Like most of its peers in the U.S. airline industry, Hawaiian Holdings (NASDAQ:HA) rang up another sizable loss last quarter. While the Hawaiian Airlines parent reported a 22% sequential increase in revenue to $182 million, its adjusted net loss increased by about 10% compared to the fourth quarter of 2020, reaching $191 million. Nevertheless, the airline's results and outlook finally point to the beginning of a sustainable recovery.
A step change in demand
Like other airlines, Hawaiian Airlines experienced a big uptick in demand in February as the U.S. COVID-19 vaccine rollout gave people more confidence to book travel. However, the effect was even more dramatic for Hawaiian than for mainland-based airlines that had been able to redeploy capacity to regions with higher demand (such as Florida and the Rockies) earlier in the pandemic.
Indeed, Hawaiian Airlines' load factor -- the percentage of seats filled with paying customers -- roughly doubled on North America-Hawaii routes between January and March. Furthermore, whereas ticket sales were very weak in January, bookings have exceeded pre-pandemic levels by more than 10% since March. That has put the carrier on track to post higher load factors and average fares with each passing month. Management is cautiously optimistic that load factors could reach normal levels (around 90%) by the summer.
Despite this rapid improvement in the demand environment, Hawaiian Airlines expects revenue to be 45% to 50% lower than 2019 levels in the second quarter. As a result, adjusted earnings before interest, taxes, depreciation, amortization, and rent (EBITDAR) will remain negative. Still, the midpoint of management's forecast for adjusted EBITDAR between -$20 million and -$70 million would represent an improvement of over $100 million from the first quarter.
Waiting for the interisland and international markets to return
There's a simple reason why Hawaiian Airlines continues to face severe pressure on its revenue and earnings. Prior to the pandemic, interisland flights and international routes generated close to half of the company's revenue -- and those markets remain essentially closed.
The interisland market relies on local business travel, people visiting friends and relatives, or even just travel to access services not available on Hawaii's less-populated islands. Testing and quarantine requirements have decimated those market segments, by dramatically increasing the expense of an interisland trip. Similarly, testing and quarantine requirements for international travelers returning to their home countries are keeping a lid on international demand.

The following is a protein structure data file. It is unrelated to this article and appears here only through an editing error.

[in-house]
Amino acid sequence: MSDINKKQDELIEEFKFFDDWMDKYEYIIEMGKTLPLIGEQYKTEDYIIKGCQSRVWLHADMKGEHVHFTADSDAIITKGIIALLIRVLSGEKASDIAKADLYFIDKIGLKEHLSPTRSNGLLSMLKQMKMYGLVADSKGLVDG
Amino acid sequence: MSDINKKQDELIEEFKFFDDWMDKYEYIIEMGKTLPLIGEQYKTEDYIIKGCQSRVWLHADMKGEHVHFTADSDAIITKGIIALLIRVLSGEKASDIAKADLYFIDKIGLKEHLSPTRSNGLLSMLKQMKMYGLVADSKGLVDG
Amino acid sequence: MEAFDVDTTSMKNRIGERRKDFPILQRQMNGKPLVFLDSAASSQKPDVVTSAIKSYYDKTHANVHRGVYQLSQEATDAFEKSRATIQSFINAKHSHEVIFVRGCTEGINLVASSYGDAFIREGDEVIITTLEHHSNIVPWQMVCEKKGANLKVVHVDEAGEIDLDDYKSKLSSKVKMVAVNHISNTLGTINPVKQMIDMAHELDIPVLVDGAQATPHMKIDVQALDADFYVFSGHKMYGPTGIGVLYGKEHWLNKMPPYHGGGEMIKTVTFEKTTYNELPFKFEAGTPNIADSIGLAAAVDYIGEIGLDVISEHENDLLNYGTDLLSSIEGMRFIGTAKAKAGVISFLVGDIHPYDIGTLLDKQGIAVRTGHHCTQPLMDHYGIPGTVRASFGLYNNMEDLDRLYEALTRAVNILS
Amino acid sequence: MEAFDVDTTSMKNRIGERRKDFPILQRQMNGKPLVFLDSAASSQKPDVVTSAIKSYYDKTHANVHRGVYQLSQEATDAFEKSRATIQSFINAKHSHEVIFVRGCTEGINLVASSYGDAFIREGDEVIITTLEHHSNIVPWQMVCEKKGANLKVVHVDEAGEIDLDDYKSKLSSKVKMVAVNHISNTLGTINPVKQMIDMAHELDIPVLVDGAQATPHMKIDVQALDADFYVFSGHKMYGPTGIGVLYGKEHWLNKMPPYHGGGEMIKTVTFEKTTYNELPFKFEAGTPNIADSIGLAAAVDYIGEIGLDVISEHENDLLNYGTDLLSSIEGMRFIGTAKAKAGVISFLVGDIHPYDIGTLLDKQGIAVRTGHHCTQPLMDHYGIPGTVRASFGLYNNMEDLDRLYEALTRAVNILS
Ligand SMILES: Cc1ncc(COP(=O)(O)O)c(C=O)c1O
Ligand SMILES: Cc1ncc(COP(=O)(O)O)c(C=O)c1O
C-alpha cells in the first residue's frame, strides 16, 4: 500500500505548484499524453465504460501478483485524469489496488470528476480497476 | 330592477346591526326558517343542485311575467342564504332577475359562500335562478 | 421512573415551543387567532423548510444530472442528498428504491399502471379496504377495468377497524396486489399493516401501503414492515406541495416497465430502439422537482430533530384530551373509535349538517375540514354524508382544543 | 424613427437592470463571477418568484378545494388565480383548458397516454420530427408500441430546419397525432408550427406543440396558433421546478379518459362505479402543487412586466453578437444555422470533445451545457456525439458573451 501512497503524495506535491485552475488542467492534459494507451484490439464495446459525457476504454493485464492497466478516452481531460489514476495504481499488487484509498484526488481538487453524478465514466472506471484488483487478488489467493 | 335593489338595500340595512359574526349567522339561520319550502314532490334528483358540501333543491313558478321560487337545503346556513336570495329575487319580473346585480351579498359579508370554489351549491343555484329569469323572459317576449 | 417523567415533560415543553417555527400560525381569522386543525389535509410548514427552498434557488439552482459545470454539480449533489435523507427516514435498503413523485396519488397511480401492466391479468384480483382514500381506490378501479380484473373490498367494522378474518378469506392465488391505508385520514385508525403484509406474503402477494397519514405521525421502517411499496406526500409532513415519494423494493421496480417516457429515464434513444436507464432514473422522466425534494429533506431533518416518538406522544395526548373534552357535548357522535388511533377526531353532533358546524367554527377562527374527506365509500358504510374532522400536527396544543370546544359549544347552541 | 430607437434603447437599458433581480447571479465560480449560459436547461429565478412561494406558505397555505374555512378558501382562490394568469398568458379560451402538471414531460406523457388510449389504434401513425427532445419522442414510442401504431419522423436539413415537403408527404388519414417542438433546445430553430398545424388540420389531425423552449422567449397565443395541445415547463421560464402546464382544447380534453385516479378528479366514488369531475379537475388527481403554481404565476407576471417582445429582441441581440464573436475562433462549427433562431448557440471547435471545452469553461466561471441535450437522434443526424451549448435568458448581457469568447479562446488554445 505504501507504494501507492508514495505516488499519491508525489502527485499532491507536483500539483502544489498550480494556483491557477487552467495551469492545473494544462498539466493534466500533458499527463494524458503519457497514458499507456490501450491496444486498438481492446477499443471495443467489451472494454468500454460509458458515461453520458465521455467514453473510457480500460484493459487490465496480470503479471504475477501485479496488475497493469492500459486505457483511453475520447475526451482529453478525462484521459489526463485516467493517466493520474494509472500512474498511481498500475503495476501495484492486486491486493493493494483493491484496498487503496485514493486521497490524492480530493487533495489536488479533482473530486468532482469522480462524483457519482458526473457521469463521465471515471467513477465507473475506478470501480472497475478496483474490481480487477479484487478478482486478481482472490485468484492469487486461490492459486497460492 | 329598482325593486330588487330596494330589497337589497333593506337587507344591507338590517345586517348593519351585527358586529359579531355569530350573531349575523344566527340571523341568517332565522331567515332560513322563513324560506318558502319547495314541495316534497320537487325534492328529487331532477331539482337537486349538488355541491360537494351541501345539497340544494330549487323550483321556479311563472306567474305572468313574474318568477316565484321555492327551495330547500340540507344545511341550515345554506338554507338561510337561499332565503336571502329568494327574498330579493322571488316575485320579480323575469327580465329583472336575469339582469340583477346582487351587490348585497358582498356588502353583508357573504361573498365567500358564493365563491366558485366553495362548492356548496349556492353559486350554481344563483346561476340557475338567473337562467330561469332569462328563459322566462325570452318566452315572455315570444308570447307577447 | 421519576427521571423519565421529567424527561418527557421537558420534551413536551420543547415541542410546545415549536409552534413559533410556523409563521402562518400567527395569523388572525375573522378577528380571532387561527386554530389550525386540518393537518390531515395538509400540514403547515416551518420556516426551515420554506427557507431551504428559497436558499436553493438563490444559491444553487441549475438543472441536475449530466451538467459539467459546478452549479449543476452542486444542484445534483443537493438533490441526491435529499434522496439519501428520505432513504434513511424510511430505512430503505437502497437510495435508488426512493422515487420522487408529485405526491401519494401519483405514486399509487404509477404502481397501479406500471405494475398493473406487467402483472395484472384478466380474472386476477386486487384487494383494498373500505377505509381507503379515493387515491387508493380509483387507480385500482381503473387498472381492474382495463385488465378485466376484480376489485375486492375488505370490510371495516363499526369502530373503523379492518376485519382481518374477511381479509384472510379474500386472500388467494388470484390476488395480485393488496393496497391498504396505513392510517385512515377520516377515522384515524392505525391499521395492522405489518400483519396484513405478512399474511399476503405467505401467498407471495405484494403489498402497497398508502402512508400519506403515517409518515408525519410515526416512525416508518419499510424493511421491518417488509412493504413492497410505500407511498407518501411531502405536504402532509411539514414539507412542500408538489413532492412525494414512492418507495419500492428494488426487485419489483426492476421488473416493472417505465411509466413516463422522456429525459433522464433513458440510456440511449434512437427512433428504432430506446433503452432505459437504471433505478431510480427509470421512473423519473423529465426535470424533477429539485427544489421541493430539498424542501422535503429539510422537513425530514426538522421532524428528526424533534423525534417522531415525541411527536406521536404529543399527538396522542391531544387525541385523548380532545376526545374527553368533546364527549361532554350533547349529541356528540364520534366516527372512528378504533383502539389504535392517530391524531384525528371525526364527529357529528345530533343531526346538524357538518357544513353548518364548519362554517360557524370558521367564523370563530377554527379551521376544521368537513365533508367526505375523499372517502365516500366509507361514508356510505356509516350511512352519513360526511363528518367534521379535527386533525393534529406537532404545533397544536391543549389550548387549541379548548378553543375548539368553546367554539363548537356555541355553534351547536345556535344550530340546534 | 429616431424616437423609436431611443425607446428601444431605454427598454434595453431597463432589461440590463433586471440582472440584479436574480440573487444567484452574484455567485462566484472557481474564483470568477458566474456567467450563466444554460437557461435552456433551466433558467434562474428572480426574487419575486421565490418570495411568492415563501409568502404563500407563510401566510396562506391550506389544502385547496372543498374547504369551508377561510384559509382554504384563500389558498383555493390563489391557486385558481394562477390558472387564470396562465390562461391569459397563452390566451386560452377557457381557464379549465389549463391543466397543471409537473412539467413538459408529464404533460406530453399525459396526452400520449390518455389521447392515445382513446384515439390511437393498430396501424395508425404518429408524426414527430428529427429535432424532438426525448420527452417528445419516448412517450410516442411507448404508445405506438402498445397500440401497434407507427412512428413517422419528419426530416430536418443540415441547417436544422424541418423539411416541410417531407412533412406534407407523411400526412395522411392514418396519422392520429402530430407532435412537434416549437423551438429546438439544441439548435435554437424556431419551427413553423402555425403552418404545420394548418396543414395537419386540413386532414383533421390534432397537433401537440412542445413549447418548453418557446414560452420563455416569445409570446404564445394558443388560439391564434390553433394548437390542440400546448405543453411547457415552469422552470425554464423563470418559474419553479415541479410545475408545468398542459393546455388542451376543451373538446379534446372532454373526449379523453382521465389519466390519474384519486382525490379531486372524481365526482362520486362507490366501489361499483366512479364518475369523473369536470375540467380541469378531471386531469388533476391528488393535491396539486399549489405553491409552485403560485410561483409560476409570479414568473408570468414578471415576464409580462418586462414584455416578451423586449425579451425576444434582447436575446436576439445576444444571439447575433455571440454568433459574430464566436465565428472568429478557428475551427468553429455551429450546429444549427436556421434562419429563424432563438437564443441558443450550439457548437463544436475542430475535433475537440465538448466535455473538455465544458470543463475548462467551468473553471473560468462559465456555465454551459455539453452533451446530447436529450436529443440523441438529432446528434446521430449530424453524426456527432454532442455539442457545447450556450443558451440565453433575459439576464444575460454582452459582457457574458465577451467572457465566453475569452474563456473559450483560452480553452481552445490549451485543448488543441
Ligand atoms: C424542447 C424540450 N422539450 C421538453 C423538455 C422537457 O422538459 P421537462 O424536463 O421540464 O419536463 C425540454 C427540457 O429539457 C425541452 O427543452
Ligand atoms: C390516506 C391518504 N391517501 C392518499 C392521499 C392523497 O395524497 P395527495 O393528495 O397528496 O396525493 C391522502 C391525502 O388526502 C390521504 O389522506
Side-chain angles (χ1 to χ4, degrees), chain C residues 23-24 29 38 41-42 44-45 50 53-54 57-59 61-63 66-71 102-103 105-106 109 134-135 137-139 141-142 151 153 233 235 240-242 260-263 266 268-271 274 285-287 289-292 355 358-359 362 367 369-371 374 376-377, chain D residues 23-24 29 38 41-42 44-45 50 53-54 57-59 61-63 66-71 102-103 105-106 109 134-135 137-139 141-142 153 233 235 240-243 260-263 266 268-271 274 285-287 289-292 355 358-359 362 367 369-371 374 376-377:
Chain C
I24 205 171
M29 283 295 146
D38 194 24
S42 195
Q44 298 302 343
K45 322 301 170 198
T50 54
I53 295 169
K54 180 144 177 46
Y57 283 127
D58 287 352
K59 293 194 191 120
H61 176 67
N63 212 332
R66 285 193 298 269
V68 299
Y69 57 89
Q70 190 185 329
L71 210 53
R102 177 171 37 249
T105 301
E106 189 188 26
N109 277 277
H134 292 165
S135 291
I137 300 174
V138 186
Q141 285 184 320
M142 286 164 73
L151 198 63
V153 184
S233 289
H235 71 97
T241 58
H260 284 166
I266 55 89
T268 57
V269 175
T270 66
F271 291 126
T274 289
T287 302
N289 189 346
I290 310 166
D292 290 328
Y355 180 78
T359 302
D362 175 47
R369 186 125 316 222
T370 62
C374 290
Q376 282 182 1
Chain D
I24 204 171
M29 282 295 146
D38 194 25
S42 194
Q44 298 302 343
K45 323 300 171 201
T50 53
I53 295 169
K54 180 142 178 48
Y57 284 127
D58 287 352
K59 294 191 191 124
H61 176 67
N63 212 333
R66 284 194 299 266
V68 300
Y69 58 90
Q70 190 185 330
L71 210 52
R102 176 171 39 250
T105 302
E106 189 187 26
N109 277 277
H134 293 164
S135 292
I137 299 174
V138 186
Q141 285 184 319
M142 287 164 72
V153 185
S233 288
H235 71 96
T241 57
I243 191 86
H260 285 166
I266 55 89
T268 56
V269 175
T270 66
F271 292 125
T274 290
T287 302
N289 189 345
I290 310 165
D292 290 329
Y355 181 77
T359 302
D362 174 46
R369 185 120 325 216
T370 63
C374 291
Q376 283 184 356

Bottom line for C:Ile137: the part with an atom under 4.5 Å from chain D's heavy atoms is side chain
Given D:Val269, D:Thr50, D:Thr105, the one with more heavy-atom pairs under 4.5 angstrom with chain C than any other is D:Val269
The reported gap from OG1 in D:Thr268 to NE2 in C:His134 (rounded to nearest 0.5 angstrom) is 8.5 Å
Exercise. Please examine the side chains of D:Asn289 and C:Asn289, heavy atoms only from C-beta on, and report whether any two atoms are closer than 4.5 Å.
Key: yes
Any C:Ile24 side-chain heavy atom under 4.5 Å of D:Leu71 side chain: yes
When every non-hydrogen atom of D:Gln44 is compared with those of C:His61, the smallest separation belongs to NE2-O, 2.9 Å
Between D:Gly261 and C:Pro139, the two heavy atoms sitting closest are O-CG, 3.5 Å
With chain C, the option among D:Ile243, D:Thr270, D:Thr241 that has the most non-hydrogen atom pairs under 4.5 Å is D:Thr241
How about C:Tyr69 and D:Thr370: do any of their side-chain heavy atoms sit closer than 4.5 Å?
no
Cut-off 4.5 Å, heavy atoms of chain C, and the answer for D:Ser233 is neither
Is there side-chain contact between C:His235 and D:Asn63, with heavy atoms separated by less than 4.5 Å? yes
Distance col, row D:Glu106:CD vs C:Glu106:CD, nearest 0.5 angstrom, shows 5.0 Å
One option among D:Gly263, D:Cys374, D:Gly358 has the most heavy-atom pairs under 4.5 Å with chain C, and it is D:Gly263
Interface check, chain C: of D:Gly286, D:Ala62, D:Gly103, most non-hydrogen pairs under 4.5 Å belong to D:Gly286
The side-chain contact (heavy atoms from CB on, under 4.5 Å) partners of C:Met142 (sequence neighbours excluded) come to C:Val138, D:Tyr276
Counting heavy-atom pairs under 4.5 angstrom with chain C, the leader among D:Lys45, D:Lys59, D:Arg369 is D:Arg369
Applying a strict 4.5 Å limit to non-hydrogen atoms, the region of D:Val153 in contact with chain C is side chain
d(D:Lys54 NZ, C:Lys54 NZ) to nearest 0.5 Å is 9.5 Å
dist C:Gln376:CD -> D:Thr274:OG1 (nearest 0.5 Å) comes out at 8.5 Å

However, as of May 11, fully vaccinated Hawaii residents will be able to travel between the islands with no restrictions. That should quickly unlock a lot of incremental interisland demand. It will take longer to remove barriers to international travel, but management is optimistic that Hawaiian Airlines will benefit from strong pent-up demand whenever that happens.
Tapping new markets
With international demand likely to remain artificially depressed for a while, Hawaiian Airlines is doubling down on the mainland-Hawaii market. By the summer, it will have restored all of the mainland routes it operated prior to the pandemic.
Meanwhile, Hawaiian has launched four new routes over the past two months, connecting Austin, Orlando, and Ontario, California to Honolulu and Long Beach, California to Maui. A new seasonal route between Phoenix and Maui starts later this month. As a result, the airline plans to operate slightly more capacity in the mainland-Hawaii market this summer than it did in 2019.
Some of these new routes were close to being launched before the pandemic hit. Others are markets that Hawaiian Airlines had been interested in for a while but hadn't quite made the cut previously. By freeing up aircraft, the pandemic gave Hawaiian the flexibility to move more aggressively into markets that could become solid performers for the company in the long run.
This, too, shall pass
While Hawaiian Airlines' first-quarter results were objectively quite poor and the company will post another big loss in the second quarter, there's finally a light at the end of the tunnel. The company is poised to produce much better financial results over the summer. Hawaiian's domestic routes could fully recover by 2022, thanks to the rapid recovery in leisure demand.
As other countries catch up to the U.S. on vaccinations, international demand should make a strong recovery, too. Indeed, Hawaii's low COVID-19 case counts and status as an "outdoor" destination should make it especially desirable to leisure travelers in the near term.
Despite its losses over the past year, Hawaiian Holdings has nearly as much cash on hand as debt. As a result, investors can rest assured that it will emerge from the pandemic with a solid balance sheet -- ready to capture whatever opportunities become available in the fast-changing air travel market.